City Girl’s last blog post..What’s Cooking Wednesday – Whole Wheat Pasta with Bacon

  8. I am definately a getting-there type of traveler. I get the biggest rush at airports, train stations and bus terminals because I know that the journey is taking me somewhere exciting!!Even the journey back home is to be savored because it’s the last connection to the vacation and the memories.

    All this travel talk makes me want to plan a trip!! orbitz.com, here I come! 🙂

    Have a great thanksgiving Cherrye!
     
    ha. Too bad Orbitz won’t send me a check for those subliminal messages!
     
    Anait’s last blog post..Love Thursday: Positano, A History: Take 2

  9. Like Arlene I think it depends on how I am travelling. If I were to take the train up or down the Medi or Adriatic coast I would relish the ride to my destination. I love that the tracks move along the coast so much of your ride has a sea view – heaven! A 9 hour transatlantic flight with a cranky husband and swollen feet (because I am old now and my feet hate planes) not so much! In this case I just want to be there already so I can de-swell my feet and un-crankify my husband!!!
     
    LOL. You actually bring up another point – that people who don’t like the “getting part” part can bring those of us who do enjoy down. That is not fair, is it?
     
    Paola’s last blog post..Hero worship

  10. My first trip to Italy was for three nights. Now I’m thinking about going to NYC for two nights. When going to Amalfi this summer I chose to fly into Pisa and travel the last part by bus and train rather than flying directly to Naples.

    I guess it’s pretty obvious which category I fall into. 😀
     
    Yep. You are like me. You just like to “go!”
     
    Annika’s last blog post..a real wild child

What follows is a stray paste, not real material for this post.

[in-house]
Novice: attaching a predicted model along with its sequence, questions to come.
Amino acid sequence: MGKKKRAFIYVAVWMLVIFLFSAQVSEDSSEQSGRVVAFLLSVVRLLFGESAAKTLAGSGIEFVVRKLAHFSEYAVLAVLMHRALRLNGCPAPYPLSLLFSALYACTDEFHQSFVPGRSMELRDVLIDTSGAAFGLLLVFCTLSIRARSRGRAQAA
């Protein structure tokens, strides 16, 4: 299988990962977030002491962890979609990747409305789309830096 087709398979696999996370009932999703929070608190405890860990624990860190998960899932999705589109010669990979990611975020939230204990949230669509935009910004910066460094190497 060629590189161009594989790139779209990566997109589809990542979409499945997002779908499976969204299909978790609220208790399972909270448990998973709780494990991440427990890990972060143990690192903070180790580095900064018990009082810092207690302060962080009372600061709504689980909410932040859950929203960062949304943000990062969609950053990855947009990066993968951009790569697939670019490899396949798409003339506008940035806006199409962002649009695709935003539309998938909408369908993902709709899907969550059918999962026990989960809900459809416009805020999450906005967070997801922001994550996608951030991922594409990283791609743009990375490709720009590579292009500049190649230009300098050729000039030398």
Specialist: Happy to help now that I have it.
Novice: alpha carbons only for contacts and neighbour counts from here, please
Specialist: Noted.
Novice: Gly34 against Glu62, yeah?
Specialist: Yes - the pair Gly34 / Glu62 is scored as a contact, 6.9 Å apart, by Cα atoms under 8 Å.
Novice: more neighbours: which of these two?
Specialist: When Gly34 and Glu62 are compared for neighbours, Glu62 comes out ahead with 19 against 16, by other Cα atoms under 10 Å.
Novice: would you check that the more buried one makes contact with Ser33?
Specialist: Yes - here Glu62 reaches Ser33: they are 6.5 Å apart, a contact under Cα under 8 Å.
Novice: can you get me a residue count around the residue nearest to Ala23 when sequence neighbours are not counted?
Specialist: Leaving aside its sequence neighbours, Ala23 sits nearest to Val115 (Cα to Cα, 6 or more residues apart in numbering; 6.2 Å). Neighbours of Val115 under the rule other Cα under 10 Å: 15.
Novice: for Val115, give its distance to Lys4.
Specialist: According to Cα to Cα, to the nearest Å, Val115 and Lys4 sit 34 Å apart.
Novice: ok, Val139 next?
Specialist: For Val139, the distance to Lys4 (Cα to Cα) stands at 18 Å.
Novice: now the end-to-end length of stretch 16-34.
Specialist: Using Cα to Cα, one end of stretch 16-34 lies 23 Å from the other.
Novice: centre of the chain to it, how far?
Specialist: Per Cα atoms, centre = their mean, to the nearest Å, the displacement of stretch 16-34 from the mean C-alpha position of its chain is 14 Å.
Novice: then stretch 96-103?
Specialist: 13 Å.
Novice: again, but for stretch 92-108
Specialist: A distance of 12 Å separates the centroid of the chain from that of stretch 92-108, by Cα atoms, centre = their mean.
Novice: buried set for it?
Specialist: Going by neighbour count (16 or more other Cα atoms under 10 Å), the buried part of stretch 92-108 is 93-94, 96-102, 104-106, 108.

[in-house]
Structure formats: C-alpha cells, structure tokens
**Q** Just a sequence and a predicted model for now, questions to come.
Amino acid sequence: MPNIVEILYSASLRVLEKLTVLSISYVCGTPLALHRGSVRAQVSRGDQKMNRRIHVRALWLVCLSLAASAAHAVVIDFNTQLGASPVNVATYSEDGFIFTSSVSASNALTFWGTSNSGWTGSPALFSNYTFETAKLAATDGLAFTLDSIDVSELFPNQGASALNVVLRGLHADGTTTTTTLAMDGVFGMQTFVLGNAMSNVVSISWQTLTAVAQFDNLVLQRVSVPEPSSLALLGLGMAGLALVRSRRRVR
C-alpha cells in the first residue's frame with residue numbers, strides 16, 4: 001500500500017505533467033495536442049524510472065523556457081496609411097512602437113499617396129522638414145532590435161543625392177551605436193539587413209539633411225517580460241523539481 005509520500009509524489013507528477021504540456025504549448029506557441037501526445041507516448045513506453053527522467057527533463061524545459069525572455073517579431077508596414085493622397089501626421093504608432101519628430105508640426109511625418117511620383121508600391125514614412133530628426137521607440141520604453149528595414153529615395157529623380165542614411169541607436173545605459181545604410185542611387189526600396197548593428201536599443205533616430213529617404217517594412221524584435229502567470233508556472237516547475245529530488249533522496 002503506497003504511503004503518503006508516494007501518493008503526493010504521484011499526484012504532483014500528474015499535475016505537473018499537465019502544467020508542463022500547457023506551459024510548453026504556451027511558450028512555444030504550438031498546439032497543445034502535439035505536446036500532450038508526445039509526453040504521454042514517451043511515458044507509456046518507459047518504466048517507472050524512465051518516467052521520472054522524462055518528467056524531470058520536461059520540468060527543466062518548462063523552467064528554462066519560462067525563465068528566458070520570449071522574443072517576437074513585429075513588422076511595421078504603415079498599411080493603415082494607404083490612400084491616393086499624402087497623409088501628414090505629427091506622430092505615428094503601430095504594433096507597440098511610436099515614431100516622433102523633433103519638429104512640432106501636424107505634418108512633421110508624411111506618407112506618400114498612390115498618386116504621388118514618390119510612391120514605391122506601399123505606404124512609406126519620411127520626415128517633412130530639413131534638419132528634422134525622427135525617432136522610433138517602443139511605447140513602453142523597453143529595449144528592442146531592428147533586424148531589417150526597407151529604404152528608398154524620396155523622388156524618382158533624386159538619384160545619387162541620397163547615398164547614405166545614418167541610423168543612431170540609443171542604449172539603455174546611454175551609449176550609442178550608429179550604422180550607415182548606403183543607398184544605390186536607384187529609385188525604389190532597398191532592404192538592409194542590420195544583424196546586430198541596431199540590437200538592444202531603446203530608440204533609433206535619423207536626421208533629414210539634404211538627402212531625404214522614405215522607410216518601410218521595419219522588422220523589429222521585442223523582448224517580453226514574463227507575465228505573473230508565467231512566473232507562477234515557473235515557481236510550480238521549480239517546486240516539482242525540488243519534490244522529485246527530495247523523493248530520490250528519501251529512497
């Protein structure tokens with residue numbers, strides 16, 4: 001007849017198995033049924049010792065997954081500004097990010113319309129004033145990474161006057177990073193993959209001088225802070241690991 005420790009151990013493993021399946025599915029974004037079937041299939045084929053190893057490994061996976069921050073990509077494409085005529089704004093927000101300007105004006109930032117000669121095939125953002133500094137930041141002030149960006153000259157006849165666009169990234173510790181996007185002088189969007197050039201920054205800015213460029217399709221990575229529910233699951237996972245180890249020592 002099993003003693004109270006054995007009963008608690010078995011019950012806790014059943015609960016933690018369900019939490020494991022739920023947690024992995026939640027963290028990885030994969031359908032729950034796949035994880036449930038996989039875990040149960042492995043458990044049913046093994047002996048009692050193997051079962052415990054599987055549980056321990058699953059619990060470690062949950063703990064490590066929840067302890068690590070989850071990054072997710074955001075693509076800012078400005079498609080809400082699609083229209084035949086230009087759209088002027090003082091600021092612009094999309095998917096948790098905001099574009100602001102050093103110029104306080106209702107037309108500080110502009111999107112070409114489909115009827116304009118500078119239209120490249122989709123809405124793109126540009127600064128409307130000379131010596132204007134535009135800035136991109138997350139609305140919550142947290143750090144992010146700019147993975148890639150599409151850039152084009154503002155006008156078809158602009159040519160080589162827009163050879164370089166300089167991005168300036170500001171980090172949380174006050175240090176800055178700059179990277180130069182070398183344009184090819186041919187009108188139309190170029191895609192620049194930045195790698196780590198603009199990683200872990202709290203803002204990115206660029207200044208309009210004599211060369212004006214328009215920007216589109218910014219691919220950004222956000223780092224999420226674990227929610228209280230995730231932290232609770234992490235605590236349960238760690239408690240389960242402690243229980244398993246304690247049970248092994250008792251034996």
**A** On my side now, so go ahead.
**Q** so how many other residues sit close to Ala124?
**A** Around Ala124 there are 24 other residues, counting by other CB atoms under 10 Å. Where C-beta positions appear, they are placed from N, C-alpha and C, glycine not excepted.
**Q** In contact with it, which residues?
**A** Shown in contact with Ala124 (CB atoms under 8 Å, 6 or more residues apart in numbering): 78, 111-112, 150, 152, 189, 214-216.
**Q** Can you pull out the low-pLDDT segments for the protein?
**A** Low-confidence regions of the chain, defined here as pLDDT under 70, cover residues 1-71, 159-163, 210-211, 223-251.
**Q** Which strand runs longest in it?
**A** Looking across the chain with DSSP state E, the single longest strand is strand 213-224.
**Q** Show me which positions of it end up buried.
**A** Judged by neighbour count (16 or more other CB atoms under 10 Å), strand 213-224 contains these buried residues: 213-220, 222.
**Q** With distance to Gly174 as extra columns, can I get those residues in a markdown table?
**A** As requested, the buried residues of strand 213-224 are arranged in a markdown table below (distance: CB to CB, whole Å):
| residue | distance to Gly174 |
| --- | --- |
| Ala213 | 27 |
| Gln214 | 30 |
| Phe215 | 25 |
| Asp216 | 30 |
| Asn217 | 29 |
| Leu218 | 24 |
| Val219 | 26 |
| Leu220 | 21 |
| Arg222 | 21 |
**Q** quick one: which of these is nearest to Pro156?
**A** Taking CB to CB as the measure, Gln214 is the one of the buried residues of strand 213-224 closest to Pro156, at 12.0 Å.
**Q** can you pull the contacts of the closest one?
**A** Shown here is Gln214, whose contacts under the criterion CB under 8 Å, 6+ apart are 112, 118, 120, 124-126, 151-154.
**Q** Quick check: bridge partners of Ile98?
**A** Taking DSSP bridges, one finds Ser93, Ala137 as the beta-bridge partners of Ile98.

11. For me it depends. If I have to worry about making connections on a grand scale (I mean internationally) then I don’t enjoy it–same with if I have a lot of luggage (you know, like internationally) 😉

    But if I just have a bag and if I happen to get stuck somewhere I won’t be unsafe, then it’s cool. Bring on the travel!
     
    Yea, too much luggage can definitely take the fun out of it…
     
    michelle of bleeding espresso’s last blog post..a message from luna and stella

  12. um, are my kids involved? Because that really changes everything! I love the thinking behind this post though. I’ll have to give it more thought while we are on the road tomorrow… I usually love the first few hours, until the kids wake up, and then I wonder why we bothered leaving the house in the first place! Ciao & Happy Thanksgiving!
     
    Ha! I’m not saying a daylong road trip through southern Italy with my two (yet to be born) children wouldn’t change my mind! lol
     
    Karen’s last blog post..Thanksgiving Day Car Trip

  13. I am mostly with your hubby C. Don’t enjoy it if it is stressful. For me, I feel anxious along with the excitement. Unless I am driving or heading someplace simple. But yeah a new place, on long flights or maybe connections. Just beam me up Scotty 🙂
     
    Actually, I also feel nerves when I fly, too but I don’t know why. It may be because 75% of the time I am leaving people I love, so the “nerves” may be more that than anything travel-related.
     
    My Melange’s last blog post..Italian Beans on Toast